Richard Armitage is a GP and Honorary Assistant Professor at the University of Nottingham’s Academic Unit of Population and Lifespan Sciences. He is on X: @drricharmitage
AI, I have previously argued, will transform the future of the GP consultation,1 and a particular kind of generative AI – large language models (LLMs) – will revolutionise general practice.2 However, artificial intelligence is not only disrupting medicine and healthcare, but nearly every global sector from finance and education to manufacturing and transportation. As is usually the case in emerging technologies, the dawning AI era is advancing at its greatest speed in the private sector. As such, this article will showcase three private attempts to improve the health of individuals, groups and populations with frontier LLMs: ElliQ, MMGuardian and WHOOP Coach.
In the interest of transparency, I have not personally tested any of the following products, nor am I an investor in the startups developing them. I am merely a technology and entrepreneurship enthusiast, and a fascinated commentator on the potential benefits (and dangers) of emerging AI, particularly within medicine and healthcare. I discovered these products on a well-known podcast. What follows will be a neutral description of each product informed by their respective websites, followed by my thoughts on their effectiveness and ethical implications, and a concluding discussion on the use of health-orientated LLMs in the private sector.
ElliQ describes itself as an “AI-powered companion designed to support and accompany older adults on the journey to age independently, while reducing loneliness and isolation.” This voice-operated “care companion” is designed for older adults, “Who spend most of their day at home but would enjoy some company throughout the day.” It aims to alleviate loneliness, empower independence and support the user in taking control of their social, cognitive and physical wellbeing. The product engages the user in verbal conversation, and consists of a digital screen located to the right of a mobile ring of light (so the user does not stare at the screen). ElliQ claims to help the user in the following domains: companionship and entertainment (through conversing with the user about news, weather, sports, interesting facts, jokes and games), health and wellness (through daily check-ins, physical activity videos, cognitive games, mindfulness activities, and assessment of general health, sleep, pain, anxiety and mood), connection to loved ones (through voice, text and photo messaging with loved ones, notifying loved ones on health matters, video calls and digital photo frame), and assistance with daily activities (through reminders, timers and local search for professionals).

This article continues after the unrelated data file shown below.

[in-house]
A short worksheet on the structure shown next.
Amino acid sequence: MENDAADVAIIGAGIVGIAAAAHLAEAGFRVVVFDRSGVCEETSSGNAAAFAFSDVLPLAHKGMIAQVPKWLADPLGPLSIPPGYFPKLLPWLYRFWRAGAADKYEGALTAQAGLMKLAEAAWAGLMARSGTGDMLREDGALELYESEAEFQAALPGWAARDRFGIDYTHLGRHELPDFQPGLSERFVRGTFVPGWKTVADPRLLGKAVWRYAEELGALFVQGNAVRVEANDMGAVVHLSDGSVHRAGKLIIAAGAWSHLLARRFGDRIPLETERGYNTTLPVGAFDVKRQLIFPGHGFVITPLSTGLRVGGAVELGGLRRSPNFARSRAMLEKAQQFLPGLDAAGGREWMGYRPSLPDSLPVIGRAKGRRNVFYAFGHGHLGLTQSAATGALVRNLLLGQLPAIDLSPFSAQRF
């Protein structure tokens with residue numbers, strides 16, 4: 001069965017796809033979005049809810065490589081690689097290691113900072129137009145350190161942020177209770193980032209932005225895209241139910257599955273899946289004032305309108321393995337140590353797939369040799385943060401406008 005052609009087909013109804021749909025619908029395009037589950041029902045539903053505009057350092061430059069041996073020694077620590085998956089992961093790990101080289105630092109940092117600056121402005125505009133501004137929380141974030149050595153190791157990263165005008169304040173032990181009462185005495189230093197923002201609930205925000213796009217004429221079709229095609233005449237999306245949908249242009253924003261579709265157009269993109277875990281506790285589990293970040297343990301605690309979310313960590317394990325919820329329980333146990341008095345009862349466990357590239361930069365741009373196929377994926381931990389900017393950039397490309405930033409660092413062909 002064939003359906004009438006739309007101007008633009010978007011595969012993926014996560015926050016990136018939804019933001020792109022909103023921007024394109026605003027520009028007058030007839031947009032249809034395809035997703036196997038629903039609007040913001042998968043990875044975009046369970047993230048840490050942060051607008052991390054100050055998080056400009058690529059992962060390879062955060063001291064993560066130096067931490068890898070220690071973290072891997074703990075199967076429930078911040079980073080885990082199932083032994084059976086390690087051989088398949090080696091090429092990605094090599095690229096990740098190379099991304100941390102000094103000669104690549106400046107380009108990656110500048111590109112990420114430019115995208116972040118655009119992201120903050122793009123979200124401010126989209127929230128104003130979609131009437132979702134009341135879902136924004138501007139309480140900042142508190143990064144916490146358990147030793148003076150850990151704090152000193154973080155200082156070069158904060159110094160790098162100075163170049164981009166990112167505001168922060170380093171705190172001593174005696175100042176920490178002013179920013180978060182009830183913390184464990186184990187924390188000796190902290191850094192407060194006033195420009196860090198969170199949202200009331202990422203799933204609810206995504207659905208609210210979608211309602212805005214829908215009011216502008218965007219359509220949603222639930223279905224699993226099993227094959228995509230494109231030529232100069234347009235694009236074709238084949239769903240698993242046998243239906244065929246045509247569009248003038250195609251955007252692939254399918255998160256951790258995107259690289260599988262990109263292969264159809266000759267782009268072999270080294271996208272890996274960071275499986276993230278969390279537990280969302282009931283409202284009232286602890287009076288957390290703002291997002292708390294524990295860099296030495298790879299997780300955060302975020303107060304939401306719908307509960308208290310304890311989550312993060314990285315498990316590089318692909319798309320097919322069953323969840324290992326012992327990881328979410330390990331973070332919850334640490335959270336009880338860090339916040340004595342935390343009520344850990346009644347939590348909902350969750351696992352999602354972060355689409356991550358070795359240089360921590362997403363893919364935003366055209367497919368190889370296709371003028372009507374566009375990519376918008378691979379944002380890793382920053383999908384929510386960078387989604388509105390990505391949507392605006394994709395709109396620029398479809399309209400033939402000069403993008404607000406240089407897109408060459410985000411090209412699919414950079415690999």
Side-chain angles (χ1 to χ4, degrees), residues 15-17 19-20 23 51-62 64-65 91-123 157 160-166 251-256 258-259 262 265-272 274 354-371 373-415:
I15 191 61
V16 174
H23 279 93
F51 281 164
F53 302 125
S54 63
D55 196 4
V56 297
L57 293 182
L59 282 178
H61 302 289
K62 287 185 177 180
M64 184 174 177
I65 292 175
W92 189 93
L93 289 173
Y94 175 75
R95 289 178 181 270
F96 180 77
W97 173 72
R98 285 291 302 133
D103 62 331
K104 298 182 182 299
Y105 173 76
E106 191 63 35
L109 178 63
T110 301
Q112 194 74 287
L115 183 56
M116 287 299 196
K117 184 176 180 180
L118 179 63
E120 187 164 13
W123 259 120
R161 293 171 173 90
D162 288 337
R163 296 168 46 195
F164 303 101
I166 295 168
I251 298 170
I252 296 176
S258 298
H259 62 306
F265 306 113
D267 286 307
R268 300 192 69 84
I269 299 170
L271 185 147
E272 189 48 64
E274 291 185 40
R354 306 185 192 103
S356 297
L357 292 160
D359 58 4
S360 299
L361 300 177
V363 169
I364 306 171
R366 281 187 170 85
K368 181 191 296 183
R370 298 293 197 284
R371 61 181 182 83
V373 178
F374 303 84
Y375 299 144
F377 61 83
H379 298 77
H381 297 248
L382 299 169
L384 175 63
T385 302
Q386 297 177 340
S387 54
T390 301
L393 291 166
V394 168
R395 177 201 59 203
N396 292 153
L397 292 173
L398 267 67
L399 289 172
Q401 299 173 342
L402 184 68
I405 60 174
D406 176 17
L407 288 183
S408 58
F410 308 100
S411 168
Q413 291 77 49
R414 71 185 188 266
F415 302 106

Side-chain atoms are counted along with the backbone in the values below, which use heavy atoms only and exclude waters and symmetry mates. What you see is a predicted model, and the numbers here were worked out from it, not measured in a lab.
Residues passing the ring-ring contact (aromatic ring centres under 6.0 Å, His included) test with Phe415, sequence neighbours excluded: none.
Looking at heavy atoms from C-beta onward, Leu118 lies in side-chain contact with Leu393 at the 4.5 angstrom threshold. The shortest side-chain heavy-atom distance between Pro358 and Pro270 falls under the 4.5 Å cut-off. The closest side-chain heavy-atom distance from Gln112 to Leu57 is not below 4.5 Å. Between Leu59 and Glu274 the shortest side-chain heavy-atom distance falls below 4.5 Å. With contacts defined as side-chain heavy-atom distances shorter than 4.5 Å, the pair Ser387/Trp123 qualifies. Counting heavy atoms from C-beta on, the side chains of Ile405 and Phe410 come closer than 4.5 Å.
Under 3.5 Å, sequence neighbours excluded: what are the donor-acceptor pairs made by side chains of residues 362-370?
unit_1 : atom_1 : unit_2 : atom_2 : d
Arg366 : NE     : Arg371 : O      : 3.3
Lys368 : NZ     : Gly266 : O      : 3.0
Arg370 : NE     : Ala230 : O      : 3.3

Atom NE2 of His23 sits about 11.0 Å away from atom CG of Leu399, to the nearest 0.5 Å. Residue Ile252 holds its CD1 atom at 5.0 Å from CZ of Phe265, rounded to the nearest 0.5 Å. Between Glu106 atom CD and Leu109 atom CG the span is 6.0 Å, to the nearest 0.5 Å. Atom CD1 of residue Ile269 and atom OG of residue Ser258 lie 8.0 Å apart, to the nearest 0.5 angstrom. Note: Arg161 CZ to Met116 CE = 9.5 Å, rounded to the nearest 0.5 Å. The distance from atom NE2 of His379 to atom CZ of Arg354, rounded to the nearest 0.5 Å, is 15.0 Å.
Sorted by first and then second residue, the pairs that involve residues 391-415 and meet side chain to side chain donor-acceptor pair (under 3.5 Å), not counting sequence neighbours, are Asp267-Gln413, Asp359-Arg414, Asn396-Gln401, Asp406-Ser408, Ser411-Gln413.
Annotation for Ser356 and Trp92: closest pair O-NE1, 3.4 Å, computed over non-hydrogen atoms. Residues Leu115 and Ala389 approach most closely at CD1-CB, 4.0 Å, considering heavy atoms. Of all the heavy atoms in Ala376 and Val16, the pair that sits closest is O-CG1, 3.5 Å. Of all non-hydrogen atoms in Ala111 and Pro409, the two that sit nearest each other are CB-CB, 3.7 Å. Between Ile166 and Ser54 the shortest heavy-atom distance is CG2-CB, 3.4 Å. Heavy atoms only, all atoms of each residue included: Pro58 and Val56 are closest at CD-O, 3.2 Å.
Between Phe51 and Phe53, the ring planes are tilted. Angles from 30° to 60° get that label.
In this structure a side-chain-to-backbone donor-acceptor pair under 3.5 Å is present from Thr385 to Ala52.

Do we want our society to delegate essential human interaction to artificial intelligences, even if this strategy ‘works?’ Or, would we prefer the loneliness epidemic to go unaddressed despite a solution being available, simply because this solution doesn’t feel right?
As our population ages and multi-morbidity increases, loneliness and poor health in older adults are growing and compounding problems.3 While ElliQ is designed to tackle these issues, I am unable to locate any empirical evidence regarding its effectiveness in these goals (although its website is adorned with plenty of positive testimonials). This might be explained by the product’s recent launch, although this highlights a stark regulatory difference between traditional healthcare interventions (such as pharmaceuticals and medical devices), which must pass thorough safety and efficacy testing before being made publicly-available, and the ‘Wild West’ of frontier LLM-driven technological tools, which are released to the public without peer-reviewed clinical trials or regulatory oversight. And yet, even if evidence attesting to ElliQ’s ability to reduce loneliness and improve wellbeing in older people did exist, a strong dystopic feeling surrounds this product. Do we want our society to delegate essential human interaction to artificial intelligences, even if this strategy ‘works?’ Or, would we prefer the loneliness epidemic to go unaddressed despite a solution being available, simply because this solution doesn’t feel right? While the consequentialist case is clear, the ‘ick’ factor surrounding this product is, at least for myself, undeniably strong. Nevertheless, the acceptability of this kind of technological solution will be increasingly debated as both the loneliness problem and the ability of these tools to solve it increases.